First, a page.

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AuthorNie, Peng
AuthorDing, Lanlin
AuthorChen, Zhuo
AuthorLiu, Shiyong
AuthorZhang, Qi
AuthorShi, Zumin
AuthorWang, Lu
AuthorXue, Hong
AuthorLiu, Gordon G
AuthorWang, Youfa
Available date2021-06-13T05:47:53Z
Publication Date2021-04-26
Publication NameInternational Journal for Equity in Health
Identifierhttp://dx.doi.org10.1186/s12939-021-01448-9
CitationNie, P., Ding, L., Chen, Z. et al. Income-related health inequality among Chinese adults during the COVID-19 pandemic: evidence based on an online survey. Int J Equity Health 20, 106 (2021). https://doi.org/10.1186/s12939-021-01448-9
ISSN1475-9276
URIhttp://hdl.handle.net/10576/20598
AbstractPartial- or full-lockdowns, among other interventions during the COVID-19 pandemic, may disproportionally affect people (their behaviors and health outcomes) with lower socioeconomic status (SES). This study examines income-related health inequalities and their main contributors in China during the pandemic. The 2020 China COVID-19 Survey is an anonymous 74-item survey administered via social media in China. A national sample of 10,545 adults in all 31 provinces, municipalities, and autonomous regions in mainland China provided comprehensive data on sociodemographic characteristics, awareness and attitudes towards COVID-19, lifestyle factors, and health outcomes during the lockdown. Of them, 8448 subjects provided data for this analysis. Concentration Index (CI) and Corrected CI (CCI) were used to measure income-related inequalities in mental health and self-reported health (SRH), respectively. Wagstaff-type decomposition analysis was used to identify contributors to health inequalities. Most participants reported their health status as "very good" (39.0%) or "excellent" (42.3%). CCI of SRH and mental health were - 0.09 (p < 0.01) and 0.04 (p < 0.01), respectively, indicating pro-poor inequality in ill SRH and pro-rich inequality in ill mental health. Income was the leading contributor to inequalities in SRH and mental health, accounting for 62.7% (p < 0.01) and 39.0% (p < 0.05) of income-related inequalities, respectively. The COVID-19 related variables, including self-reported family-member COVID-19 infection, job loss, experiences of food and medication shortage, engagement in physical activity, and five different-level pandemic regions of residence, explained substantial inequalities in ill SRH and ill mental health, accounting for 29.7% (p < 0.01) and 20.6% (p < 0.01), respectively. Self-reported family member COVID-19 infection, experiencing food and medication shortage, and engagement in physical activity explain 9.4% (p < 0.01), 2.6% (the summed contributions of experiencing food shortage (0.9%) and medication shortage (1.7%), p < 0.01), and 17.6% (p < 0.01) inequality in SRH, respectively (8.9% (p < 0.01), 24.1% (p < 0.01), and 15.1% (p < 0.01) for mental health). Per capita household income last year, experiences of food and medication shortage, self-reported family member COVID-19 infection, and physical activity are important contributors to health inequalities, especially mental health in China during the COVID-19 pandemic. Intervention programs should be implemented to support vulnerable groups.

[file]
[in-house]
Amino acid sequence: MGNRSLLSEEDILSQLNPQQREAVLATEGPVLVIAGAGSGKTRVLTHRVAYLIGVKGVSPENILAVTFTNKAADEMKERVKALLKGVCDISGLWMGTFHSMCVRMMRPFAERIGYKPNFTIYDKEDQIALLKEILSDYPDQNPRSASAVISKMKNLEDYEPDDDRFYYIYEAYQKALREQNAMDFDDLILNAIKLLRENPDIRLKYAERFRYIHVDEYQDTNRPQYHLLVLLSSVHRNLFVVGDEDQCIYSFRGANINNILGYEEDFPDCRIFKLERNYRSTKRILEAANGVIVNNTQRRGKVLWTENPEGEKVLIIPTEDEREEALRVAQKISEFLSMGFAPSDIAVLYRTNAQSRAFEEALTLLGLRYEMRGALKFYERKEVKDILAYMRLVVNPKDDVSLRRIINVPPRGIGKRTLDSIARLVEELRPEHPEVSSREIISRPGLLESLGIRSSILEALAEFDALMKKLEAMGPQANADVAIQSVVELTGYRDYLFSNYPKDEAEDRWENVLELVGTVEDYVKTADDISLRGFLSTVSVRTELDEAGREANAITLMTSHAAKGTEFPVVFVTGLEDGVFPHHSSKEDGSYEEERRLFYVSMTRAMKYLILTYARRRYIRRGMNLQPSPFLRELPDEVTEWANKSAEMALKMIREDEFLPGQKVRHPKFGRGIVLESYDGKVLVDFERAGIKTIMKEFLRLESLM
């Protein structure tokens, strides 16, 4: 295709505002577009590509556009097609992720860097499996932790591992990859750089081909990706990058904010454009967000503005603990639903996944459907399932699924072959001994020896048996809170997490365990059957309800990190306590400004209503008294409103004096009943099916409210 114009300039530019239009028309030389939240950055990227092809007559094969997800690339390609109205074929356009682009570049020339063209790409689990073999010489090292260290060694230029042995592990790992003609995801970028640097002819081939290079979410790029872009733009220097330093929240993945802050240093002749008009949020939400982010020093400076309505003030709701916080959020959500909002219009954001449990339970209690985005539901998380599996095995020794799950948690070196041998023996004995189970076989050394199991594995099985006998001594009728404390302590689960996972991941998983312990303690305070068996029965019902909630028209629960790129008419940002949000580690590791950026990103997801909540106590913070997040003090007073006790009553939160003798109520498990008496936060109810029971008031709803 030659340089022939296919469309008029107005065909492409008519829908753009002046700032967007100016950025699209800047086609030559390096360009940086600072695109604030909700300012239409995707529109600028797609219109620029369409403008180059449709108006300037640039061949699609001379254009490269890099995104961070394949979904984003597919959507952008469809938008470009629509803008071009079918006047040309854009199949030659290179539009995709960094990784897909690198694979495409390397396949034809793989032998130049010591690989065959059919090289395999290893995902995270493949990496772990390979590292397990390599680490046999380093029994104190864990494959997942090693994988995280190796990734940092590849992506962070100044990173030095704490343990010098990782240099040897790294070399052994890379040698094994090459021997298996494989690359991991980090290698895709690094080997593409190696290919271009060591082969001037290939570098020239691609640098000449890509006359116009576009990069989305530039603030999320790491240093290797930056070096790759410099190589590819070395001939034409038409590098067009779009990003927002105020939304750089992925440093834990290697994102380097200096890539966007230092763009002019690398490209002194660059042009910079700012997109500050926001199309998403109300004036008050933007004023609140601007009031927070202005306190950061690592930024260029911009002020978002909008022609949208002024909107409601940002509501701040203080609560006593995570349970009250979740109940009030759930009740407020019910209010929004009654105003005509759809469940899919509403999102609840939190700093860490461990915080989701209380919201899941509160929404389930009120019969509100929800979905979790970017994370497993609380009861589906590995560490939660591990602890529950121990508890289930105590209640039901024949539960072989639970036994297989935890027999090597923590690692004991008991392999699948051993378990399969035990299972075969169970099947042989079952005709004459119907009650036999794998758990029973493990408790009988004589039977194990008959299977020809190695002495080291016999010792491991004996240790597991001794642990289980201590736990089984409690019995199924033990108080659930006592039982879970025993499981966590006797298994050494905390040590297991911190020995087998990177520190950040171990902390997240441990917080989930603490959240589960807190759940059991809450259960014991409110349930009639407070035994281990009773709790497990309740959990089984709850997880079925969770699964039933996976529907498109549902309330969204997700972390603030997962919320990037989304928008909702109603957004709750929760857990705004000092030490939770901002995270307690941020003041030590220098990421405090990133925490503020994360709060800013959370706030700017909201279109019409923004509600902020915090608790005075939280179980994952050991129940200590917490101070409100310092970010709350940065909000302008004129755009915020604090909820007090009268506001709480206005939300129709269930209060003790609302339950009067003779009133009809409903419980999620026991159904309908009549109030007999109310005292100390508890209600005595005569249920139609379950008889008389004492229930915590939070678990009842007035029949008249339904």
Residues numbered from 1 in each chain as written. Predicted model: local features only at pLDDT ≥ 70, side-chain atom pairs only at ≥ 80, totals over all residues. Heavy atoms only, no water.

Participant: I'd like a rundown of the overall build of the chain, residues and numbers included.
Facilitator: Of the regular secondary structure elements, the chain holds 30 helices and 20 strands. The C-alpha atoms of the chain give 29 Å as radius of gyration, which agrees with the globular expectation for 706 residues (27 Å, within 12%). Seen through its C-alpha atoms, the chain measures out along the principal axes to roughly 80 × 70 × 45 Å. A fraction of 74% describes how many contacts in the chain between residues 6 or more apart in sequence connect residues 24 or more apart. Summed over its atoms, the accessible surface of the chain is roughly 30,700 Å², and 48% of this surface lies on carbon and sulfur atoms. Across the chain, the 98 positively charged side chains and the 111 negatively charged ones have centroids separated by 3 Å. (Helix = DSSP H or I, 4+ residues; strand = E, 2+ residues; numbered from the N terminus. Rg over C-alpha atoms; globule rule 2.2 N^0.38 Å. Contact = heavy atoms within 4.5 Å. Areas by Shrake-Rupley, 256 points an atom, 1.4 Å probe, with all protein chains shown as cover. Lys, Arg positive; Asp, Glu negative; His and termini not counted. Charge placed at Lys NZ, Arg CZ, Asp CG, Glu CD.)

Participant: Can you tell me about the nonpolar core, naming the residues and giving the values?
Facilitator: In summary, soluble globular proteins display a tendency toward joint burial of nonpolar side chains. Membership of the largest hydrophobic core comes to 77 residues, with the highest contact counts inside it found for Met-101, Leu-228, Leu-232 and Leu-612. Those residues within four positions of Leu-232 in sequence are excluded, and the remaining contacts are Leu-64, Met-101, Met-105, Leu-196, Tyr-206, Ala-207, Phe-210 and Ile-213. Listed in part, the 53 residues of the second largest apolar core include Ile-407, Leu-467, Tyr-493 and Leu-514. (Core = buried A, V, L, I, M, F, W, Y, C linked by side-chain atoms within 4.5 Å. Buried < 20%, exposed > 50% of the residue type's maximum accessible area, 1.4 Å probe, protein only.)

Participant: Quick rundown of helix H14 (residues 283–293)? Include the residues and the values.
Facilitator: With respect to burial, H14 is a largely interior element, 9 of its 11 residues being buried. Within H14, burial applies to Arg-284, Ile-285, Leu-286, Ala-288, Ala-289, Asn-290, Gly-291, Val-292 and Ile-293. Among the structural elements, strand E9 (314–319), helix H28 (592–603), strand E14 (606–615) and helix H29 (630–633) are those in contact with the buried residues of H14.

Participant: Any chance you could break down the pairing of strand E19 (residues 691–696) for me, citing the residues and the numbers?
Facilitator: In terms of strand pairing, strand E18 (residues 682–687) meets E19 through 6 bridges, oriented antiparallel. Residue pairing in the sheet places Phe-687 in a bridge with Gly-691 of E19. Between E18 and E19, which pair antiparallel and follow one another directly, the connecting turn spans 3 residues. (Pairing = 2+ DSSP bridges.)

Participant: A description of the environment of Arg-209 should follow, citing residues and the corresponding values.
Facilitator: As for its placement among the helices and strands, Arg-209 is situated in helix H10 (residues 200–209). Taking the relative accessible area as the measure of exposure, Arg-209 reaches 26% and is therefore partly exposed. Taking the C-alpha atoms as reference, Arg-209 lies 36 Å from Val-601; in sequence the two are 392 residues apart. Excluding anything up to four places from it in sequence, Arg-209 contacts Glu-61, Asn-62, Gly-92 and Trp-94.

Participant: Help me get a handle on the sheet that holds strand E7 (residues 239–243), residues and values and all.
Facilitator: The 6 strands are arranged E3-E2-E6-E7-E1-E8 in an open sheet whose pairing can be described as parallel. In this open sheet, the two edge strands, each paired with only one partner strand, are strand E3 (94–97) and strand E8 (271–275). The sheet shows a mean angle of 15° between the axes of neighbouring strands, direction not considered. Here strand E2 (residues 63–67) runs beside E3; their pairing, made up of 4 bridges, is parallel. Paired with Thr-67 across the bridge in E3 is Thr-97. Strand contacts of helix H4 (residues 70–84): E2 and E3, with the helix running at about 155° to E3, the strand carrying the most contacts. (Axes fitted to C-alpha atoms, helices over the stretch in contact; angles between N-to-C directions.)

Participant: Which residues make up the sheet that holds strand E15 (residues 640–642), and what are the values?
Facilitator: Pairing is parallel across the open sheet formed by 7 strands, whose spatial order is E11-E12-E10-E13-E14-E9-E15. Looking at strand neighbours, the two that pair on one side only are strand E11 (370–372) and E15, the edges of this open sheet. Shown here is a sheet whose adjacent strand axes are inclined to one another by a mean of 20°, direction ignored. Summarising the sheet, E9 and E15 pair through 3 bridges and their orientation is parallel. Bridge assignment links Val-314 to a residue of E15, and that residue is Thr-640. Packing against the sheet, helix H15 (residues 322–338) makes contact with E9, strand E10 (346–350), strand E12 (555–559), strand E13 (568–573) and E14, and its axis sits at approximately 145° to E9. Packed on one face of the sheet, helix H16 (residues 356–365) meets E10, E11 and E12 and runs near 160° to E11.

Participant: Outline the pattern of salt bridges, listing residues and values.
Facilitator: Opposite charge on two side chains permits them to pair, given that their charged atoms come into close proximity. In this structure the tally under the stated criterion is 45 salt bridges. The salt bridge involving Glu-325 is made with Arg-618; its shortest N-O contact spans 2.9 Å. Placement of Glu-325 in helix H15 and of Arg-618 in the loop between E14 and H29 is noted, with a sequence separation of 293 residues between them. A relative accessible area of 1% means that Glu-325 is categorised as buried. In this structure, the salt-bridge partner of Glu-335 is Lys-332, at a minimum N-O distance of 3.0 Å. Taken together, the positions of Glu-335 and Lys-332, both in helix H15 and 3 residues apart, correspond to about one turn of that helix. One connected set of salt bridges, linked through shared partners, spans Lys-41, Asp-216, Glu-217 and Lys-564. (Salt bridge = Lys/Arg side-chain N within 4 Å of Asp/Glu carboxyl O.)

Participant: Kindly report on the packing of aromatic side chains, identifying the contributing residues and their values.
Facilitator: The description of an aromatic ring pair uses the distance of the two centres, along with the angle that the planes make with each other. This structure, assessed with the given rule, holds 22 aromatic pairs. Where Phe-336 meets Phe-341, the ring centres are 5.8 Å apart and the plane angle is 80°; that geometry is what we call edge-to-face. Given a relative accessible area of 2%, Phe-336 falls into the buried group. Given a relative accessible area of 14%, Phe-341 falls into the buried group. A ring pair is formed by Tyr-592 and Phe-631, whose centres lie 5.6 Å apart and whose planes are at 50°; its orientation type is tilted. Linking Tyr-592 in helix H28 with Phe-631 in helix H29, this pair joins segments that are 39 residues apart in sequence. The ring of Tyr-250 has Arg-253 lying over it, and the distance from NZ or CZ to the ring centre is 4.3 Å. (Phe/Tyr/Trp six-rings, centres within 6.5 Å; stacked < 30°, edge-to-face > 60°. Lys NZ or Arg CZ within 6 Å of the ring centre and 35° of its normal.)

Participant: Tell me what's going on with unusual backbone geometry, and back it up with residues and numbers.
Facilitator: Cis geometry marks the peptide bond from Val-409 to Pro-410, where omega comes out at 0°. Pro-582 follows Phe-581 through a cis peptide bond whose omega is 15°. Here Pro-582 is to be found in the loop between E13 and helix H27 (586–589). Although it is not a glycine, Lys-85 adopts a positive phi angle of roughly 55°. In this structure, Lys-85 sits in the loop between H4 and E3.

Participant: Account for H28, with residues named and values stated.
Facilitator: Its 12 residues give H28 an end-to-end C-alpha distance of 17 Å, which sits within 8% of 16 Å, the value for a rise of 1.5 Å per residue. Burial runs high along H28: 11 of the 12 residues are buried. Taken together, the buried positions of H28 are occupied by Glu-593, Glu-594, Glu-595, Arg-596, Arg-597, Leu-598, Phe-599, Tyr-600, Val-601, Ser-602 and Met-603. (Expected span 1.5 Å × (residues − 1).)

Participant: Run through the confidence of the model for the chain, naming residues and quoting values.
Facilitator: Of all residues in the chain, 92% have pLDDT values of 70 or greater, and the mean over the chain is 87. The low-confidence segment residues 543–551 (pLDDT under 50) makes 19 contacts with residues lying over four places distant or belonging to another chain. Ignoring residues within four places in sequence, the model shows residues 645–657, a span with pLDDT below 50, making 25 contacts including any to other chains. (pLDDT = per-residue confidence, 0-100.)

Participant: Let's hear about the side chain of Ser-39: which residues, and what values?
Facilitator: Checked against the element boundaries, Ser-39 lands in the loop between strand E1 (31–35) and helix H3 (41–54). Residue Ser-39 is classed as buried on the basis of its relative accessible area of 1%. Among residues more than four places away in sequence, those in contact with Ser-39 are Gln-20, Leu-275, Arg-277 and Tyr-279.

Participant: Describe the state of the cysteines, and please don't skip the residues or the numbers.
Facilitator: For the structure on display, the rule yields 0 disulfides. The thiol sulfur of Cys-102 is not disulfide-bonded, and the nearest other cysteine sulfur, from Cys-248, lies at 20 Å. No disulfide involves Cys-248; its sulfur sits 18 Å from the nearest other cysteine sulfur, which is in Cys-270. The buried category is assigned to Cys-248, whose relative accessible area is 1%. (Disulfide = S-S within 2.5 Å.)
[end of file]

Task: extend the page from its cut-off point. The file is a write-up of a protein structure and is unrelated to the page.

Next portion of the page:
Languageen
PublisherBMC
SubjectCOVID-19
SubjectChina
SubjectHealth inequality
SubjectMental health
SubjectSocioeconomic status
TitleIncome-related health inequality among Chinese adults during the COVID-19 pandemic: evidence based on an online survey.
TypeArticle
Issue Number1
Volume Number20


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